PC ATX PSU - Generating -5v for use on older computers

Discussion in 'Power Electronics' started by sirlemonhead, Oct 13, 2016.

  1. sirlemonhead

    Thread Starter New Member

    Oct 13, 2016
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    Hi everyone,

    I'm looking to do something to get -5v from a modern ATX PC power supply. Older computers used this -5v for some things (certain expansion card) but the -5v line was eventually phased out of the ATX spec. This is a problem for people adapting modern power supplies to use in older PCs.

    What could provide this, using the +12, +5 or even +3.3v rails? There is a -12v rail but I dunno if sharing that would be a good idea (it's generally only around 800ma) ?

    Ideally to get 300-500 amps output for the -5v.

    I don't really know what to look for in terms of a pre-built circuit or what I'd need to get myself to make something to do this. Any suggestions would be great!

    Thanks!
     
  2. ci139

    Member

    Jul 11, 2016
    341
    38
    3x (up to 9x to give them some time to live) 850W 5V PSU-s "syncronized" with extra circuitry (all can't rebuilt) to source to the same load line
    usually there are 6A (1440W) limit or 10A(2.4kW) fuse on mains-phase
    you need minimum 3 x 850W / 80% = about 3.2kW 16A line to hook anything there
    i guess the 3kW DC PSU is a certified industrial apparatus that costs 10x more than that when it was designed for home use
     
  3. sirlemonhead

    Thread Starter New Member

    Oct 13, 2016
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    woops I meant to say 300-500 milliamps up there!
     
  4. JWHassler

    Member

    Sep 25, 2013
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    A quick and direct way would be an isolated DC/DC converter, like this one.
     
  5. ian field

    Distinguished Member

    Oct 27, 2012
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    Do they still have a -12V output? - could be as simple as a 7905. Many AT PSUs actually did that inside the PSU box.

    Try googling "inverter topology" - something resembling a flyback converter can be rigged to give negative output from positive input. Its only worth that much effort if you need more current than a 7905 can give.
     
  6. sirlemonhead

    Thread Starter New Member

    Oct 13, 2016
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    Thanks for the suggestions guys :)

    Ian, I did see the 7905 before.. I'm quite new to electronics. The -12v is still present on new PSUs but it's generally only a few hundred milliamps. I don't know would sharing that rail not possibly pull too much current?

    Someone else from the retro PC is looking into this and is going to try this circuit: http://www.ebay.com/itm/DC-DC-Buck-...hash=item1c6ac0d7dd:m:mTkMdgP4g18r-iGIGSD69UA

    Would that work?
     
  7. Dodgydave

    Distinguished Member

    Jun 22, 2012
    4,998
    745
    Its no good for a -5v because its not an isolated output.
     
    Last edited: Oct 15, 2016
  8. ian field

    Distinguished Member

    Oct 27, 2012
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    Some of the older lower powered AT PSUs were flyback - almost al modern types are half bridge push-pull converters.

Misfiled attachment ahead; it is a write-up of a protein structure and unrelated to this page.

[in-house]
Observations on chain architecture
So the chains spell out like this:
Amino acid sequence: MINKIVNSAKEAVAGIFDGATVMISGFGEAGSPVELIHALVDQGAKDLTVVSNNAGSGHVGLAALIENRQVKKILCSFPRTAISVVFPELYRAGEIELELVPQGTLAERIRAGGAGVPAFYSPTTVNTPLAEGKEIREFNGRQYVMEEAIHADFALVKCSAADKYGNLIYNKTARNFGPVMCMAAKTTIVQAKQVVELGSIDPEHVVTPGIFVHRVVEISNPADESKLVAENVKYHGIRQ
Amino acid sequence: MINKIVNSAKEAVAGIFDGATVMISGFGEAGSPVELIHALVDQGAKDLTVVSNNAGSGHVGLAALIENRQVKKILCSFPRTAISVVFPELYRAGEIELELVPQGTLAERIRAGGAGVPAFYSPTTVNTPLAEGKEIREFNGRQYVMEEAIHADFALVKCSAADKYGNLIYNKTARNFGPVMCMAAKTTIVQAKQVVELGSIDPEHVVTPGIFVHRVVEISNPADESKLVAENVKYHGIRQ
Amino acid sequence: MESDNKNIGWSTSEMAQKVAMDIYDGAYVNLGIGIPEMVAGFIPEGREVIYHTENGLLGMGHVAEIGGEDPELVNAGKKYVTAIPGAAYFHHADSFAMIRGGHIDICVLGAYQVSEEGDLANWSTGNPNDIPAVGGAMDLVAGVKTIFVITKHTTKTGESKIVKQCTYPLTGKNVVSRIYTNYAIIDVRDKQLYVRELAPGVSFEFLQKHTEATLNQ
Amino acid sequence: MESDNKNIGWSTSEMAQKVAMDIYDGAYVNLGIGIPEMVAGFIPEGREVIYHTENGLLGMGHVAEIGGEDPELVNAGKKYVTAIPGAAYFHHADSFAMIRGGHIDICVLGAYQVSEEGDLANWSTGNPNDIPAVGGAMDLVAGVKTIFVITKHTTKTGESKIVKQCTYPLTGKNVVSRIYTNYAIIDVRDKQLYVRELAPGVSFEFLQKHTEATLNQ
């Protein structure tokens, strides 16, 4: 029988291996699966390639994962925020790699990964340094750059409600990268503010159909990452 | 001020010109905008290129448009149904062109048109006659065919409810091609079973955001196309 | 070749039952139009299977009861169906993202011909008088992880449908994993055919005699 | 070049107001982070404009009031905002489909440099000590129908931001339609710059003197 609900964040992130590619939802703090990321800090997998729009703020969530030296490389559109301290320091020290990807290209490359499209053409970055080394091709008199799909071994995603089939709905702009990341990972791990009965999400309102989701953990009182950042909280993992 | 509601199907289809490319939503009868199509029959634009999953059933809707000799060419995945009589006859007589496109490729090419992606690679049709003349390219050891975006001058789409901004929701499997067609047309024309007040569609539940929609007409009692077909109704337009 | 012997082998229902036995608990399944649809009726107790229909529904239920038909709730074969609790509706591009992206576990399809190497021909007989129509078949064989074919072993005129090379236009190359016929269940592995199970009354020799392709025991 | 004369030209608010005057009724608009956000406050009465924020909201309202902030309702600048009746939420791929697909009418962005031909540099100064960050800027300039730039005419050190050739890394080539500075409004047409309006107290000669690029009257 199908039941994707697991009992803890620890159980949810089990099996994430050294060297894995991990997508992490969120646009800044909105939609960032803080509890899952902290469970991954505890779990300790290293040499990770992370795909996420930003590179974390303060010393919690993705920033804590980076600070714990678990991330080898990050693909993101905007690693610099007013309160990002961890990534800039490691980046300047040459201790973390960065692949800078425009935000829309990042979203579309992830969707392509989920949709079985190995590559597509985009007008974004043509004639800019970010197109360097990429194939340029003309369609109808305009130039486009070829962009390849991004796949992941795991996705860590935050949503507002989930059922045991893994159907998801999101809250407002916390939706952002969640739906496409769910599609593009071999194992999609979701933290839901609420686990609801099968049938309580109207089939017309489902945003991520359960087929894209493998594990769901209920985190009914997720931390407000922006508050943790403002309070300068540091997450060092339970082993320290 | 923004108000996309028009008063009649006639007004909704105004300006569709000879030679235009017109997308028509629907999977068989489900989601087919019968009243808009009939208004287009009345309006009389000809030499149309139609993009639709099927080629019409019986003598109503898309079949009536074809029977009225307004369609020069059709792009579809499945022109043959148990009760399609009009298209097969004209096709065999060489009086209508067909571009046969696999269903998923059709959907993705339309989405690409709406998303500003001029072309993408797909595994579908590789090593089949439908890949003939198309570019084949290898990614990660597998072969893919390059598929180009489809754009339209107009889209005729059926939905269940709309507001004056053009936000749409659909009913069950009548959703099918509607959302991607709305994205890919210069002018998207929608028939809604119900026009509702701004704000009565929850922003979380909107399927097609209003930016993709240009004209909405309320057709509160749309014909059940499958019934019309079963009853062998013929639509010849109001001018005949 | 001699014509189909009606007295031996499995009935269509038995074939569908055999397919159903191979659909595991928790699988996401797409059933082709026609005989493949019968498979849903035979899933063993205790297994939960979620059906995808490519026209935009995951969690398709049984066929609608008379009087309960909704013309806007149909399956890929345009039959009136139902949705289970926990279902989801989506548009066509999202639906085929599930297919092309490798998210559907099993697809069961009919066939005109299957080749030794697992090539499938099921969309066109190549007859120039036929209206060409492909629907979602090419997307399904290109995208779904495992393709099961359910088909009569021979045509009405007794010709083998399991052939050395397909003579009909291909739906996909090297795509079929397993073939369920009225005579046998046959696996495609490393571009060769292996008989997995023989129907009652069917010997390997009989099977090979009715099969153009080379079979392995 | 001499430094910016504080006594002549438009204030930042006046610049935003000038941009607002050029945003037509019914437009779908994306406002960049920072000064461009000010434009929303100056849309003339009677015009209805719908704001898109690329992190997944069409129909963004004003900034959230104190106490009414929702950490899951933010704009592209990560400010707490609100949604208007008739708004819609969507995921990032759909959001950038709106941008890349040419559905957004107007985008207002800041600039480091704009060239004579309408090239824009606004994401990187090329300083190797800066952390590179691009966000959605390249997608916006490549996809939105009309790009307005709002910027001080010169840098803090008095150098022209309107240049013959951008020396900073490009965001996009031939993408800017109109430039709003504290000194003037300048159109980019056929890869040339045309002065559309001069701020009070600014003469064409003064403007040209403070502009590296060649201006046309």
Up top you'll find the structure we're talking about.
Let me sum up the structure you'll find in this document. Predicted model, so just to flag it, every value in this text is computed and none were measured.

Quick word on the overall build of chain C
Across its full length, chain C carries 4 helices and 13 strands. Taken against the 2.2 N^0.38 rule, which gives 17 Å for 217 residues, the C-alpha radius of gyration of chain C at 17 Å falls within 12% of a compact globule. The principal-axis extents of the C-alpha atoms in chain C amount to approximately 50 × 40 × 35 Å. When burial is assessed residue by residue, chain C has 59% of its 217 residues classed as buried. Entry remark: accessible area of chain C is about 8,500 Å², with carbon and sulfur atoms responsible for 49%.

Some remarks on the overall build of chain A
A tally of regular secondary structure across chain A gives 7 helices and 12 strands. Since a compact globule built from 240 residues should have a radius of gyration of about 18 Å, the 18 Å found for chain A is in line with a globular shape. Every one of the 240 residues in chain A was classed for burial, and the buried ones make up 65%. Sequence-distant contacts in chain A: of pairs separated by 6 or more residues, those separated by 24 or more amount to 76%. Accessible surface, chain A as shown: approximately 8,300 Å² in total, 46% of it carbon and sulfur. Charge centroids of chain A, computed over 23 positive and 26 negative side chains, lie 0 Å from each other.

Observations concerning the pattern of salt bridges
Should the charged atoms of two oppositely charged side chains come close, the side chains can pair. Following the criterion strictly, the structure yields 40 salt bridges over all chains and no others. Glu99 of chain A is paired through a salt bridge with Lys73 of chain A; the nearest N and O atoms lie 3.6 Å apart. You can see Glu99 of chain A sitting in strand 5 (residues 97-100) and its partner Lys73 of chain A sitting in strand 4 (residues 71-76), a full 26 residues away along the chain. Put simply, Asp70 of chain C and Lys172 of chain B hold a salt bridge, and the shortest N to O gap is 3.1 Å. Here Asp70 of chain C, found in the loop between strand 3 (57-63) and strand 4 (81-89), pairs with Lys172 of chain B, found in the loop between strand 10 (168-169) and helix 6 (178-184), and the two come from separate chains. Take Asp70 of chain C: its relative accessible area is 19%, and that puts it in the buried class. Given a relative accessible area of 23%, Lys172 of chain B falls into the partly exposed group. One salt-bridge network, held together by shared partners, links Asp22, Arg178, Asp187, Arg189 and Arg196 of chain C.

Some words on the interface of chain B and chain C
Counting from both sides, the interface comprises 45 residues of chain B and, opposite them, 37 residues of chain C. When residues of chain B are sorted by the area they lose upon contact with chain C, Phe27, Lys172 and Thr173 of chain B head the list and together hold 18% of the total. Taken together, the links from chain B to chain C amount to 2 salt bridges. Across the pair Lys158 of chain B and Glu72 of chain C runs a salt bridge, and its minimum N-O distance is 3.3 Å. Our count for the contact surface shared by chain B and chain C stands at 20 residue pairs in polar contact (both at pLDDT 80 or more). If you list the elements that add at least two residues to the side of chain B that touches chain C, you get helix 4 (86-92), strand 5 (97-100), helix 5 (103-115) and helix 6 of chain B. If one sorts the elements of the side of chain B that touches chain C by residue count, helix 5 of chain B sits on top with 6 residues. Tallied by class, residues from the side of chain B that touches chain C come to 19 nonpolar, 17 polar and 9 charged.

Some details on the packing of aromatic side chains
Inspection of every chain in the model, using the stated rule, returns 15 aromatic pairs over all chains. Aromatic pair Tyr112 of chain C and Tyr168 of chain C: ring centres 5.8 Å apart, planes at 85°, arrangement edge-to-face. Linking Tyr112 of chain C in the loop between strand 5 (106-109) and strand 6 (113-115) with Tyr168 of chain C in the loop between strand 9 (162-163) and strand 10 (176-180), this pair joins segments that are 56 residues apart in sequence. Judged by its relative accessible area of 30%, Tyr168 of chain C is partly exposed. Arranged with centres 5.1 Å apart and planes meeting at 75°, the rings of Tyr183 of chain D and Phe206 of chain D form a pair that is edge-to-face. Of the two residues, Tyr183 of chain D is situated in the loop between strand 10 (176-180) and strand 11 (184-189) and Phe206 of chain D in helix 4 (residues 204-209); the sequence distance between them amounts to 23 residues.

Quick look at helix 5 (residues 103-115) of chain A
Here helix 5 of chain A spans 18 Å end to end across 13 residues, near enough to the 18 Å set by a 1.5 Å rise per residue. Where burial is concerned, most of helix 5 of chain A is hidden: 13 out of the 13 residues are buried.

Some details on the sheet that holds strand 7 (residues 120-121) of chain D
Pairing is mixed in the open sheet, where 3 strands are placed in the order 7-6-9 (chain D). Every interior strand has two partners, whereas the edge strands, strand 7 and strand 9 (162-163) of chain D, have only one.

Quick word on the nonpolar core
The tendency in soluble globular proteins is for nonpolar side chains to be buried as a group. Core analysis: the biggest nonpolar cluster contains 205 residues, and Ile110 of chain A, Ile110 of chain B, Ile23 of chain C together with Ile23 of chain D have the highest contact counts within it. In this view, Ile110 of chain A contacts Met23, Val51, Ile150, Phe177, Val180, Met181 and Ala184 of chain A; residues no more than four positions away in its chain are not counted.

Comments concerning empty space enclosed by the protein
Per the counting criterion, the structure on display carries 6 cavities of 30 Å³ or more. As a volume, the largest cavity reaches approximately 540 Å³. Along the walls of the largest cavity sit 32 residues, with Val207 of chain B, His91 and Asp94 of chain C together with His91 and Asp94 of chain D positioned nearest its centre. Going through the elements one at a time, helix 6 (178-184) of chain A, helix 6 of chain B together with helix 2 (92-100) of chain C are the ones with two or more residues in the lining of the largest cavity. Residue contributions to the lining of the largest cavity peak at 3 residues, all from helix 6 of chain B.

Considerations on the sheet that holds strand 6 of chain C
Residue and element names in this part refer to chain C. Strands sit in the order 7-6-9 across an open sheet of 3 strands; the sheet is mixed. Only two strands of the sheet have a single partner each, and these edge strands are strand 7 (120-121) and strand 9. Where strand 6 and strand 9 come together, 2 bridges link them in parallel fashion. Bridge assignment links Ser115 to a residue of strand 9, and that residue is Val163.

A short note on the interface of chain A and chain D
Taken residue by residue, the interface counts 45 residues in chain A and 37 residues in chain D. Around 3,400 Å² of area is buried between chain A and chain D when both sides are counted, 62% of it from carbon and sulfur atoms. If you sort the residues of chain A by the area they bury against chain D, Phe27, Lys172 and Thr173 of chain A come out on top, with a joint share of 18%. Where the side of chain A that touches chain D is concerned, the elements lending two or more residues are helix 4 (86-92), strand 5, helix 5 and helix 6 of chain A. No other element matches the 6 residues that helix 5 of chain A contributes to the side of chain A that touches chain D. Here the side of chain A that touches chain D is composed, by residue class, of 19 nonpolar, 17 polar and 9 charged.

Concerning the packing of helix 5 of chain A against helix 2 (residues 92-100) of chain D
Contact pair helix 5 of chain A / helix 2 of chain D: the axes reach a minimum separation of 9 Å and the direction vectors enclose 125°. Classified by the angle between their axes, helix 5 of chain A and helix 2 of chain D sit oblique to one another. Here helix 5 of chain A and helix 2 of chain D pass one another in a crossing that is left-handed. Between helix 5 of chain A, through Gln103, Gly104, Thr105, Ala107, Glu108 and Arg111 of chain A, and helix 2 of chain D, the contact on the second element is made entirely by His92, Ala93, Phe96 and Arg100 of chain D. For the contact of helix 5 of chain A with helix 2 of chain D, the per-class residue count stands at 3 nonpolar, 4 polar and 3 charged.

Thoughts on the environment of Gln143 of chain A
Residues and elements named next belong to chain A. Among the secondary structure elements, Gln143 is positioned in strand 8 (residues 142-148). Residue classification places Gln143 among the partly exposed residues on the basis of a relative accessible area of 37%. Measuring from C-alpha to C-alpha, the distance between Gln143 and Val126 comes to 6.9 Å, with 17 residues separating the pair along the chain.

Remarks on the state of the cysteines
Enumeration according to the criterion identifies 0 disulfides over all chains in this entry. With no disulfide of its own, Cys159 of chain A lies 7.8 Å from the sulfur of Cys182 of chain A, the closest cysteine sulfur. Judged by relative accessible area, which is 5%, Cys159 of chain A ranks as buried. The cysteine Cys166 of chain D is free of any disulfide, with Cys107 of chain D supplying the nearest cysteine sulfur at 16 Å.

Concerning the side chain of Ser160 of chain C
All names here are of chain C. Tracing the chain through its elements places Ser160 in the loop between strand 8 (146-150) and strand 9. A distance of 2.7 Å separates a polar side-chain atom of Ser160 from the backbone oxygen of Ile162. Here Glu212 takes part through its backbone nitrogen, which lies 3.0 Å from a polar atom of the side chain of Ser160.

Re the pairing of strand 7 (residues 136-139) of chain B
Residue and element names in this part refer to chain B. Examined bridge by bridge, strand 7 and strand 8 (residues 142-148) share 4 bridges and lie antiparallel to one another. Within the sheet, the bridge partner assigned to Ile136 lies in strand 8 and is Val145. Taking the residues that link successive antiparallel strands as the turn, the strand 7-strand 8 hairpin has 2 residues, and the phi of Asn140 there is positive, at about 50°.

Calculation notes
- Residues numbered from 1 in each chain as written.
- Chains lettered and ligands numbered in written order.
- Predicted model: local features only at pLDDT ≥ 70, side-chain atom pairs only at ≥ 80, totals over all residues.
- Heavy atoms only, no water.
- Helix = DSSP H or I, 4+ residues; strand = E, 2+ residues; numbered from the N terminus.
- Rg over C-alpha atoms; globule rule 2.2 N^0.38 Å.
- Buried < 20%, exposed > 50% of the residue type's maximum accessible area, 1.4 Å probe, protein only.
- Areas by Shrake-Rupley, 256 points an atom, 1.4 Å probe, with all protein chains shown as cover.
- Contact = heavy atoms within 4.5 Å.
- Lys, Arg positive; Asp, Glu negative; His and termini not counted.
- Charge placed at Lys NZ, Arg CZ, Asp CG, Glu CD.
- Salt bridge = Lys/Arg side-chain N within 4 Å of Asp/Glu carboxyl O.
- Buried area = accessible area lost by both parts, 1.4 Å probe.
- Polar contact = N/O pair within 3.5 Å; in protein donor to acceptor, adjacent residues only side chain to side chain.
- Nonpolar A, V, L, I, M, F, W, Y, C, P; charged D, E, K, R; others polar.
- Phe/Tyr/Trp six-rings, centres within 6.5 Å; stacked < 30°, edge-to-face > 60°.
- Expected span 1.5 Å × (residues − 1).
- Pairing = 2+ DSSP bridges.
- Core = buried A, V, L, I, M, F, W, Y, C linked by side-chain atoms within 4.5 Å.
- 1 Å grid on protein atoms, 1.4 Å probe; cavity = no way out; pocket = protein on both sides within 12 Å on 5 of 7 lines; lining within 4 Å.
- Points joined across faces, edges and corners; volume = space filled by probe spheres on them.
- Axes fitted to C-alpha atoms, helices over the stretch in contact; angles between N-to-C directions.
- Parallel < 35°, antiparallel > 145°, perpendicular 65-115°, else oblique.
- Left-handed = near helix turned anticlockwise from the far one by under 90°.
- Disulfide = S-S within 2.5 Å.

With a push-pull converter; its possible to add a negative rectifier to the same winding that feeds the +12V output.

    Some older one's had 78xx/79xx regulators, most now use tight coupling on the secondaries. It may be as simple as a negative rectifier on the 5V secondaries.

    Some ATX PSUs I've reverse engineered, had a single regulation error amplifier with the +5V and 3.3V rails summed in with a resistor network - so its pretty much "near enough" situation. The 5V secondary is usually CT with 2 rectifier diodes. You need to use Shottky-barrier types, I'd go for 40V types for safety. The electrolytics need to be low ESR types - you may need to scare up a choke coil to make a Pi filter on the output.

    Stay well clear of the primary side - you don't need to touch that.
     
  9. sirlemonhead

    Thread Starter New Member

    Oct 13, 2016
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    0
    A 7905 does seem like the easiest way.. I think the idea my friend has is something that can be added externally to an existing ATX to add the -5v capability.. He's concerned about the heat generated from the 7905 though.

    This is what he found in an ebay bought ATX to AT converter that boasts the -5v addition... [​IMG]

    I believe it pulls from the 3.3v rail.

    I did just open a Compaq OEM psu I have lying around that's got the typical ATX connector and has -5v "built in" rated at 0.3A - It has a SEC KA7905 inside :)
     
  10. Dodgydave

    Distinguished Member

    Jun 22, 2012
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    If you can get inside the atx psu, its only a matter of putting in two diodes on the 12v winding in the opposite direction with a couple of smoothing caps, and it will give you a Negative output, then you can put a 7905 on it this will give you a 1 amp supply.
     
  11. ian field

    Distinguished Member

    Oct 27, 2012
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    If its a half bridge push-pull - you can put the diodes straight on the CT 5V secondary.

    To all intent and purpose; the current is what the diodes you add can handle. The regulation will be the same as the +5V output.

    The diodes would have to be SB type.
     
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